That’s all for now. One last comment.

I imagine some of you must enjoy watching badminton. I will NEVER watch badminton. I would rather watch a rerun of Hannah Montana!

(photo http://www.olympics.org.uk , whitneymcd7.files.wordpress.com)

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Brett Favre’s First Practice with the Jets

Posted by TopOfTheThread on August 9, 2008

We were there today at Brett Favre’s First Practice with the Jets. The place was packed.  We usually make to at least one training camp practice per year at Hofstra. Normally it is easy to get around. Today there were probably 10 times the number of people… Go Jets!

Number 4 jerseys were selling like hotcakes!

More Brett Favre NY Jets videos at http://www.youtube.com/topofthethread

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NBA Basketball – Proposed Rule Change

Posted by TopOfTheThread on August 7, 2008

It’s great watching a team come back during the the 4th quarter of an NBA game. Exciting. That’s 3 point jump shot NBAwhat sports is all about.

If a player gets fouled during the act of shooting, and the shot is good, he has the opportunity to take a free throw and make a three-point play. He has the opportunity of increasing the point total of the play by 50% (Increasing from 2 to 3 points).

If a player if fouled when shooting a “three pointer”, and the shot is good, he has the opportunity to take a free throw and make a four-point play.

To keep games exciting in the fourth quarter, here is a new NBA rule proposal:

  • During the final 4 minutes of the fourth quarter, and for the final 4 minutes of all subsequent overtime periods, a player successfully hitting a “three pointer” while being  fouled in the act of shooting, will get 2 free throws. (The player, will in affect, have the opportunity of a five-point play.)

This would allow more teams to comeback late in games and add to the excitement for the fans. The NBA (and advertisers) will also benefit because more fans will watch games later into the games because of the potential of an exciting comeback.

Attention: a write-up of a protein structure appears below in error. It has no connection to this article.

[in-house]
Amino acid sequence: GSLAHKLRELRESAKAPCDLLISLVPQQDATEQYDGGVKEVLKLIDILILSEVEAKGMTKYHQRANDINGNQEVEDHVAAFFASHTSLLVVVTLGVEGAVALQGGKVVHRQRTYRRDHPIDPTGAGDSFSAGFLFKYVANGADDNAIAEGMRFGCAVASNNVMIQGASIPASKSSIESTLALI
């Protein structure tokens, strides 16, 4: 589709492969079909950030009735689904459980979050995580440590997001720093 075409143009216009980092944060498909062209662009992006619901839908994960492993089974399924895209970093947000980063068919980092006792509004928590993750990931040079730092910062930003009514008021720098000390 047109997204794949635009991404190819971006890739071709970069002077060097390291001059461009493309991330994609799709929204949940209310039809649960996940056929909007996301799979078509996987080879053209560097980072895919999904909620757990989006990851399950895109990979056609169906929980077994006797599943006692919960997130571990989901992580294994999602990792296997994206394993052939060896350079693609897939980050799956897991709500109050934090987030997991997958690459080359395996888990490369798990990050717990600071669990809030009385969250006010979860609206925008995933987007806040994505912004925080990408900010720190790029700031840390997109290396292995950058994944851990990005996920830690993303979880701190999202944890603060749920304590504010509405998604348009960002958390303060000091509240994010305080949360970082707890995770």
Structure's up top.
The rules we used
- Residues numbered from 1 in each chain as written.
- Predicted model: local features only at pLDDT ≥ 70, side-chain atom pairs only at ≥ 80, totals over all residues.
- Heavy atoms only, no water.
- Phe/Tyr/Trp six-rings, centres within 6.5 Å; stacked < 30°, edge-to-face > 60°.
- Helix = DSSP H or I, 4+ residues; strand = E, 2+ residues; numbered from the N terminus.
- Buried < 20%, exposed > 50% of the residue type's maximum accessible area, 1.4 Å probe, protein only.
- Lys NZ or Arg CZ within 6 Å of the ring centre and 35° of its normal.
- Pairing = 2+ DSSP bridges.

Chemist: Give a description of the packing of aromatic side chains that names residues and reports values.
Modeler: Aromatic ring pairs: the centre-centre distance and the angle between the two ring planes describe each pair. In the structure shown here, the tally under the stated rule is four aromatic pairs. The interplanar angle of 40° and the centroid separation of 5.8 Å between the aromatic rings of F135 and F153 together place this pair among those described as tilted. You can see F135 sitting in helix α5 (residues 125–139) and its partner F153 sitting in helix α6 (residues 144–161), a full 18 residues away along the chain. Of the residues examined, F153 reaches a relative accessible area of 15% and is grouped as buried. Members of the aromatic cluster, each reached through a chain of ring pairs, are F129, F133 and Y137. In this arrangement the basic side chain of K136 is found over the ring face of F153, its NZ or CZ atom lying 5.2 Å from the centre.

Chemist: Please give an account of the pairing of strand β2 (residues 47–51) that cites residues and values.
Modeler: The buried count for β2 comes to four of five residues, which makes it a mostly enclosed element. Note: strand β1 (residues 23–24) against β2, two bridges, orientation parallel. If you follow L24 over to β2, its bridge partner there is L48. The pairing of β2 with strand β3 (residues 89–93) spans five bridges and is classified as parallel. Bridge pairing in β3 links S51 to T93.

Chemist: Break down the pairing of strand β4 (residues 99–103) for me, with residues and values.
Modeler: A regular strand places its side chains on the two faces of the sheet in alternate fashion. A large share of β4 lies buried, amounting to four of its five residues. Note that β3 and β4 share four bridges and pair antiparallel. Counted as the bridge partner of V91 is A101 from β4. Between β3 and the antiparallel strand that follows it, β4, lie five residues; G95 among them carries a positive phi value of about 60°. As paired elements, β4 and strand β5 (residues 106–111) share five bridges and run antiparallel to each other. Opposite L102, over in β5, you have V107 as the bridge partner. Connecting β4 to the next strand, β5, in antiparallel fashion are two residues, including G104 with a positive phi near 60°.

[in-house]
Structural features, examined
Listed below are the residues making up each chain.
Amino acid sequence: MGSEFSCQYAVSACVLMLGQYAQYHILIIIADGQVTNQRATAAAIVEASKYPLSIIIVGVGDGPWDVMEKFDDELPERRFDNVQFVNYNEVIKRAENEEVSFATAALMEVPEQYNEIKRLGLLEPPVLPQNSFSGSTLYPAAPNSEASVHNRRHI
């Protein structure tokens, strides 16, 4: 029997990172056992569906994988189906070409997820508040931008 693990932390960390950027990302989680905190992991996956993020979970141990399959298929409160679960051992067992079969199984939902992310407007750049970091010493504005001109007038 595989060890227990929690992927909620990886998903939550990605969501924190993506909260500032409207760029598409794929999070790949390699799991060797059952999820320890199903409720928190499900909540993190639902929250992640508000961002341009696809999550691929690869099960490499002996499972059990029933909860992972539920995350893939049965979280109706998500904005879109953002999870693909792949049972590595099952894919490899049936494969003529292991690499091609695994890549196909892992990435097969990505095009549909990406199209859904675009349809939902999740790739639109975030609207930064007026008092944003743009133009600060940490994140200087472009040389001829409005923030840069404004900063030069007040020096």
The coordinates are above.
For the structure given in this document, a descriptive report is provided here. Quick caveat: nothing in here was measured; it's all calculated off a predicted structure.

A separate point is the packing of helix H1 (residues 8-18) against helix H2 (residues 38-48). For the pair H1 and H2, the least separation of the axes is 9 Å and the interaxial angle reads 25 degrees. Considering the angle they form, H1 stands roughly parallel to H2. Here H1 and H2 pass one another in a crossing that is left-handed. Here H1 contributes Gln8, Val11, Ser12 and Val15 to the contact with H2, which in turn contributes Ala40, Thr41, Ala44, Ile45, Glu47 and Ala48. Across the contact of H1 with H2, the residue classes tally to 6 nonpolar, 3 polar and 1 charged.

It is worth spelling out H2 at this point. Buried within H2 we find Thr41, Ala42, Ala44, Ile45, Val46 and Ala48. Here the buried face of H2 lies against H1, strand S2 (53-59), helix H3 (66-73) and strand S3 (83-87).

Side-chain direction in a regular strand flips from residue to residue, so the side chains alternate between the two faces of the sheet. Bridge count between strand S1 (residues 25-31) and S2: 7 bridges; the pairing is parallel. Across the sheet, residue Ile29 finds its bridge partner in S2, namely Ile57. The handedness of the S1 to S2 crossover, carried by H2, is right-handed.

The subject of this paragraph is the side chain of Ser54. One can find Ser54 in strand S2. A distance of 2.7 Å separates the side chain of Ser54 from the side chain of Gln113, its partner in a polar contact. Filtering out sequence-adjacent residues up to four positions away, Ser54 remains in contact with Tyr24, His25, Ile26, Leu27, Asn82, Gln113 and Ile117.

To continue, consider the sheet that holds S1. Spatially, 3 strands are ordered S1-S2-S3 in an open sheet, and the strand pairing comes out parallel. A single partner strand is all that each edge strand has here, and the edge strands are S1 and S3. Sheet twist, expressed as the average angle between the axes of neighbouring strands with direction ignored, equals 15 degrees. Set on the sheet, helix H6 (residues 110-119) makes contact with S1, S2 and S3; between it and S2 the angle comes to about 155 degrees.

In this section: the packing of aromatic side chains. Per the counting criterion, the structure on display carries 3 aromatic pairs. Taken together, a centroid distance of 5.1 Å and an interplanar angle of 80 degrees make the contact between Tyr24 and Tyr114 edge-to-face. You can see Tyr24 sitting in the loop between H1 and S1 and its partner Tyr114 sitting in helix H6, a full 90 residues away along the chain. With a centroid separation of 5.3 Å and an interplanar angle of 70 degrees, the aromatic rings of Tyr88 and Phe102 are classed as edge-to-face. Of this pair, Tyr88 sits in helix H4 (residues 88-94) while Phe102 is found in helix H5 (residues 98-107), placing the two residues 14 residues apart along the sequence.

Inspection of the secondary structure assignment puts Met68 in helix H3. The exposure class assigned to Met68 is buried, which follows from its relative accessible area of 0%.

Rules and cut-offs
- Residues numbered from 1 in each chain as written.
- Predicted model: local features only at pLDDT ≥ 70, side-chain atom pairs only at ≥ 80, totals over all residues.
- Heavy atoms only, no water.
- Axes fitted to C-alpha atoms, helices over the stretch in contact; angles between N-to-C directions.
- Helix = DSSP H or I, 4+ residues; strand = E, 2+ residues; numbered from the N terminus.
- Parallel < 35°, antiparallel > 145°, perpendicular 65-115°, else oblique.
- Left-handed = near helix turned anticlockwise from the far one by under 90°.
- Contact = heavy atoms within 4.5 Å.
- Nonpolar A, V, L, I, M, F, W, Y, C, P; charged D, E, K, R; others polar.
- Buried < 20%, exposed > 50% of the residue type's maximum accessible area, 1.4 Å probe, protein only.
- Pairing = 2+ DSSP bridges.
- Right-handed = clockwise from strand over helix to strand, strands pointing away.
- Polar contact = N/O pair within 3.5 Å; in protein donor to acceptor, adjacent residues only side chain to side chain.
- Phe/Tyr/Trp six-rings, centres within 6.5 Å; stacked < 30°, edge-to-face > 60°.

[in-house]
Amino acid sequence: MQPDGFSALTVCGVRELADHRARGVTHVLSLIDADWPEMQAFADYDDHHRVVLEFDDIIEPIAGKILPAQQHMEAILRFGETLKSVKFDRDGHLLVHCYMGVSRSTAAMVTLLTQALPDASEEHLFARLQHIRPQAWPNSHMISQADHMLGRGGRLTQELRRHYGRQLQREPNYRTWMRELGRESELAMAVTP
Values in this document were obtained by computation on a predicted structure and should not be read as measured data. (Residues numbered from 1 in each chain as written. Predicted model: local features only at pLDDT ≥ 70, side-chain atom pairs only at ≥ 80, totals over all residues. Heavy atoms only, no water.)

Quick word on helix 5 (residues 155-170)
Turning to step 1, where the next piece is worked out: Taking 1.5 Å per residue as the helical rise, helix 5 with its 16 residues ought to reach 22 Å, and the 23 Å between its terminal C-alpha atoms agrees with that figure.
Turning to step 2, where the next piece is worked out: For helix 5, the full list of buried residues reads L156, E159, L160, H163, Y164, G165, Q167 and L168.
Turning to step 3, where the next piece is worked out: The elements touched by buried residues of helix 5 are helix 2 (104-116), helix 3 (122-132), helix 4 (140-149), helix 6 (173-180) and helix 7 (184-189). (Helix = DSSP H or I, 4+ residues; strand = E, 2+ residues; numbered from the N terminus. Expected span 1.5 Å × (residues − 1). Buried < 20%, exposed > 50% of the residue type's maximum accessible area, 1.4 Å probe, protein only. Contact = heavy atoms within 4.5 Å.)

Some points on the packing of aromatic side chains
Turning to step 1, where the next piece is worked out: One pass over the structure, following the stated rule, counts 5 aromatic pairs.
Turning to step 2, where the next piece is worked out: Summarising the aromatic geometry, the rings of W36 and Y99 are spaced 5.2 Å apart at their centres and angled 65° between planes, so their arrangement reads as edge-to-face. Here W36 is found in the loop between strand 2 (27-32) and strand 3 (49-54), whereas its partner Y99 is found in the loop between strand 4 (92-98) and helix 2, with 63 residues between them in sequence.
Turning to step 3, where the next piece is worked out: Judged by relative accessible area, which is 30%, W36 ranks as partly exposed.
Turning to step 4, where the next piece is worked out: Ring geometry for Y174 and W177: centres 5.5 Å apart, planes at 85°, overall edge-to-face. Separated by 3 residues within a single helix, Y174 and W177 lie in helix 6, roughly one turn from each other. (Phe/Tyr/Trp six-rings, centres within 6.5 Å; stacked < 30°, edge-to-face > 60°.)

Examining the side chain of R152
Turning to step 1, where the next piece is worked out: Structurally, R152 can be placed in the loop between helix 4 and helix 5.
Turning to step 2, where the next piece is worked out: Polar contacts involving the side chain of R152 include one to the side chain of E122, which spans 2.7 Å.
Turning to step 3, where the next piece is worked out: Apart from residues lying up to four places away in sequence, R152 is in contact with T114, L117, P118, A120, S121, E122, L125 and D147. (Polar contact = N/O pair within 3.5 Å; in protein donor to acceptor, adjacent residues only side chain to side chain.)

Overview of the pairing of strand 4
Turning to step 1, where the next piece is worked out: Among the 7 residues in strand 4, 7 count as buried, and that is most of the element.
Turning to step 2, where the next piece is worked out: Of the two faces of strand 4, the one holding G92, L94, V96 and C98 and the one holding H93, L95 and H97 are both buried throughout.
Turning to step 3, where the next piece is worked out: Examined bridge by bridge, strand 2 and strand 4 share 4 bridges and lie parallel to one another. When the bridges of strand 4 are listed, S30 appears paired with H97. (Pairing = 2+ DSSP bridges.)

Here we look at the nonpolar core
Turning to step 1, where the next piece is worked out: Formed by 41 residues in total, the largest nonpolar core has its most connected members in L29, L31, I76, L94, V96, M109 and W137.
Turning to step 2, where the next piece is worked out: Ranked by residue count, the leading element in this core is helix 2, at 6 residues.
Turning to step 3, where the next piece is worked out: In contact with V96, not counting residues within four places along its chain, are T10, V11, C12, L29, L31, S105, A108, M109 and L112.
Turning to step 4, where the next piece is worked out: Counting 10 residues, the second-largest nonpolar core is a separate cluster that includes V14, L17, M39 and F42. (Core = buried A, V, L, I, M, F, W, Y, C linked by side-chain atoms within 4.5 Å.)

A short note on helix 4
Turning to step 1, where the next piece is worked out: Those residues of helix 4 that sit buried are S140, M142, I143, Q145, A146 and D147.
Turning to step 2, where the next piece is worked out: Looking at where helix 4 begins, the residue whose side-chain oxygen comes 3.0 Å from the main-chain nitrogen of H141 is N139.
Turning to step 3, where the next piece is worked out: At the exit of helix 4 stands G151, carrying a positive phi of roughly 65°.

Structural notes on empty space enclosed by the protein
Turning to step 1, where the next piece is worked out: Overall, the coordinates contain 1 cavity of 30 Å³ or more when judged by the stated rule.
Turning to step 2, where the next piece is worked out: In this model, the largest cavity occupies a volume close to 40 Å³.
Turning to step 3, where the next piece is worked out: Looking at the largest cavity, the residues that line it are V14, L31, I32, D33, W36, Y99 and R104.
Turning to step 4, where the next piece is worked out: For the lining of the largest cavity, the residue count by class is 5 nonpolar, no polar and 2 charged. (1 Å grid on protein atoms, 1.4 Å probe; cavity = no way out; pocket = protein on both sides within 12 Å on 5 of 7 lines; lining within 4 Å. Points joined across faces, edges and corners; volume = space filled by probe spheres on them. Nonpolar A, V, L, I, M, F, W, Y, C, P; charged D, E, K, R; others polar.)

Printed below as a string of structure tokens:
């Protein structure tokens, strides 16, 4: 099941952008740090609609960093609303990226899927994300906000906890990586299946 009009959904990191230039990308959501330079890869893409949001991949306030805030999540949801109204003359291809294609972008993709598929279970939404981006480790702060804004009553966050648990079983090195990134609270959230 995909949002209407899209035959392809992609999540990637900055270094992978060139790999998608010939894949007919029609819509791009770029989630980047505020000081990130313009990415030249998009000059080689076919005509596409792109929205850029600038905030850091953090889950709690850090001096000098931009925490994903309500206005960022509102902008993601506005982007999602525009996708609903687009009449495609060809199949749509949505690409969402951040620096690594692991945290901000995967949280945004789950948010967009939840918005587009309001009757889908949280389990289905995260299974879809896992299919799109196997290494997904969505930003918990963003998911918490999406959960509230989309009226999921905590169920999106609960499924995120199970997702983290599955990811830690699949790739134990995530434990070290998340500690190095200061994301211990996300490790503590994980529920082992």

(photo http://www.coachlikeapro.com)

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Favorite Sports Videos

Posted by TopOfTheThread on August 6, 2008

This is still one of my favorite sports videos. Randy Johnson, major league pitcher, throws a 95 mph fastball that hits a seagull crossing in front of home plate. I believe the batter is the NY Mets’ Robin Ventura.

The seagull disintegrates – Nothing but feathers! (Talk about timing is everything… Dave Winfield eat your heart out!)

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Red Sox Baseball Stats Man and Reality

Posted by TopOfTheThread on August 3, 2008

Great CBS 60 Fenway Park Green Monster Boston Red Sox Left FieldMinutes rerun on Bill James (The Red Sox Stats Man) 8.3.08
It was a good story and Bill James has an interesting perspective on baseball statistics. I agree with him but think he is getting way too much credit.

He spoke of many items…

I agree on is angle that strikeout-to-walk ratio is important in judging a pitcher. Besides a a pitcher throwing a strike and a ball, every other event relies on a teammate. ERA is a better stat to judge a pitcher than wins and losses but that also involves the fielding of teammates. Exceptional fielders with better range can help a pitcher decrease his ERA. Or the fielder with exceptional range but then commits errors, can also affect the ERA.

Interesting. Yes. Has no one else brought this up?

Bill James’ take and statistics on baseball is definitely something to consider, but not taken as gospel.

There are many examples in his numbers where the “old time” thinking of baseball affect the numbers and theories he presents.

A perfect example is righties and lefties hitters in Fenway Park with the Green Monster. On the 60 Minutes show it was stated that while the general thought is righties hit better at Fenway because of the short left field fence, lefties actually hit batter at Fenway. James’ statistics are probably true because visiting teams choose to pitch righties at Fenway (because of the Green Monster). Nothing earth shattering here for the average baseball fan.

Again, interesting work by Bill James but it was not created in a in a vacuum. No Nobel Prize here.

(photo http://www.asinine.org)

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The Montauk Monster

Posted by TopOfTheThread on August 2, 2008

Everyone is talking about it. Here is a picture of the montauk monter (Montauk, Long Island, NY).  No one

montauk monster real or hoax

seems to know where it is? Real or hoax?

Posted in offbeat news and videos for college students, Uncategorized | Tagged: , , , , , , | 1 Comment »